Photo: courtesy Minnesota Department of Natural Resources

Georgia Nongame Annual Report

georgia license plateThe Georgia Department of Natural Resources’ Nongame Conservation Section recently released its 2013 annual report. It released two versions: a 40-page full report and a six-page summary.

Surveys were the main research done in 2013, including surveys of wood stork nests, bald eagle nests, swallow-tailed kite nests and roosts, gopher tortoises, indigo snakes, and eastern hellbenders. They also did a study of the the trapping effort needed to accurately judge bog turtle populations.

They released captive-bred striped newts, reared gopher frog eggs and released the young, spent a lot of time on red-cockaded woodpecker conservation, and hired a new freshwater mussel biologist.

The big news, though, was lack of funding from special nongame program license plates. A new revenue-sharing method introduced in the last few years has meant a cut in funding for the department from the plates.

You can find links to both versions of the report here.

NYS Creates Recovery Plan for Northern Cricket Frog

Northern_cricket_frog_at_Neal_Smith_National_Wildlife_RefugeThe northern cricket frog is one of New York State’s two endangered amphibians. New York State law does not require recovery plans for endangered species, but the state Department of Environmental Conservation has proposed one for this species, a recent department press release says.

The plan includes conserving appropriate, but unoccupied habitat. The plan also included reintroducing frogs to unoccupied habitat, but only “if suitable habitat still remains, northern cricket frog habitat requirements are understood, and a funded and scientifically sound protocol is in place to monitor northern cricket frog abundance and assess potential causes of decline at any re-introduction site.”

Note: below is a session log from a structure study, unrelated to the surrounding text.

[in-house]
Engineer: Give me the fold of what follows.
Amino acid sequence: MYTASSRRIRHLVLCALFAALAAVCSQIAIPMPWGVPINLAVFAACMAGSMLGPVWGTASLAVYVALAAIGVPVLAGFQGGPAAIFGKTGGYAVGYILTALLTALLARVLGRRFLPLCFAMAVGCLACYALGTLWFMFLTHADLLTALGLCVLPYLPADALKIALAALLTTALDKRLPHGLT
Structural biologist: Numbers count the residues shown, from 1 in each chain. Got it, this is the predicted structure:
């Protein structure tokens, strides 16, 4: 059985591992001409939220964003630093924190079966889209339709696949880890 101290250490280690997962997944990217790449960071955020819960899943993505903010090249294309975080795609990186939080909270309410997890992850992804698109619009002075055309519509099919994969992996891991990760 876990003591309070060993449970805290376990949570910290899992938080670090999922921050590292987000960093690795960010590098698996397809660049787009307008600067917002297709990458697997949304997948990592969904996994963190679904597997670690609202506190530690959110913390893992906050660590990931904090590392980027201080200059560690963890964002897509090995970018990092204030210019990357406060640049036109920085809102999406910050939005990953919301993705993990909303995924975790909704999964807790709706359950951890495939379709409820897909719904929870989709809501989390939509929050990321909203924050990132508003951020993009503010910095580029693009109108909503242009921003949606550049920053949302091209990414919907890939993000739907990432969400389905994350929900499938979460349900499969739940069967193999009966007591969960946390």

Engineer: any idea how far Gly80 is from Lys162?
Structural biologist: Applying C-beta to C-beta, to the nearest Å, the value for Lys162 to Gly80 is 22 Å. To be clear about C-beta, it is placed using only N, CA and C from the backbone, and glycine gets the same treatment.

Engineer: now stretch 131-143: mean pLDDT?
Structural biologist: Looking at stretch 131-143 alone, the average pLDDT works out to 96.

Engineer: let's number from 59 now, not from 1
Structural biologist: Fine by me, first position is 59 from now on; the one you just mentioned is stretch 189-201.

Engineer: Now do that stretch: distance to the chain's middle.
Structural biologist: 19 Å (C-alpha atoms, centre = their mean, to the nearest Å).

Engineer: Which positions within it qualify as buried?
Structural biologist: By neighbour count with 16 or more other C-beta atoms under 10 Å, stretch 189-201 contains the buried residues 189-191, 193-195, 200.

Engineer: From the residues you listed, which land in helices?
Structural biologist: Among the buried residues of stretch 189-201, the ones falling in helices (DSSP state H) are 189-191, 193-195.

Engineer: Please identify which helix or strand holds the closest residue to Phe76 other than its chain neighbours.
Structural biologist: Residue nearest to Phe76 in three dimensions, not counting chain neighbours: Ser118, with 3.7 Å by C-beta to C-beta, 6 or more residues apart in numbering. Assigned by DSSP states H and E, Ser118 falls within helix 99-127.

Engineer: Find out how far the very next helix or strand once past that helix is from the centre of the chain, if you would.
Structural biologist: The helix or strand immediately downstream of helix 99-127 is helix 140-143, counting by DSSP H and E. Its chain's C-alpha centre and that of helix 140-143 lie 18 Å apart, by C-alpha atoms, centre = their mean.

In other words, more research is needed. There is a very brief paragraph about data gaps, and an even briefer one about recovery partnerships. A long list of potential tasks, includes sections on research and recovery tasks.

The comment period on the plan closes a week from today, Feb. 21, 2014.

Download the recovery plan here.
Read the NYS DEC press release about the plan here.
Read a Reptile Magazine article about the plan here.

Photo: Northern cricket frog at  Neal Smith National Wildlife Refuge in Iowa. Photo by Sara Hollerich, used courtesy US Fish and Wildlife Service.

Acoustic Method Best for Sampling Bats

State Wildlife Biologists Wanted for Bat SurveyFrom a US Geological Survey press release:

Recording bats’ echolocation “calls” is the most efficient and least intrusive way of identifying different species of bats in a given area, providing insight into some populations that have been decimated by white-nose syndrome.This new research by scientists from Virginia Tech, the U.S. Geological Survey and the U.S. Army is published in the Journal of Ecology and the Natural Environment.

White-nose syndrome, an unprecedented disease of cave hibernating bats caused by a cold-loving fungus, has caused the deaths of more than six million bats. It has spread from central New York to at least 22 states and five Canadian provinces since 2006. In addition to the endangered Indiana bat, populations of the formerly abundant little brown bat and northern long-eared bat have experienced severe disease-related declines, particularly in the Northeast and central Appalachians.

“Acoustic sampling is a noninvasive sampling technique for bats, and its use often allows for the detection of a greater number of bat species in less time than traditional sampling methods such as netting,” said study co-author W. Mark Ford, a USGS scientist at the Virginia Cooperative Fish and Wildlife Research Unit at Virginia Tech. “Low population numbers make netting both time and cost prohibitive. Netting also has low capture rates for WNS affected species. Moreover, acoustic sampling minimizes the handling of bats, which lessens the chance of unintended cross-contamination and exposure to the white-nose fungus from one bat to another or from equipment and personnel to uninfected bats.”

Read the rest of the USGS press release here.
Read the paper (open access;PDF) here.

Photo: An acoustic bat detector in a roof-top car mount. Courtesy New York State Department of Environmental Conservation and the bat survey coalition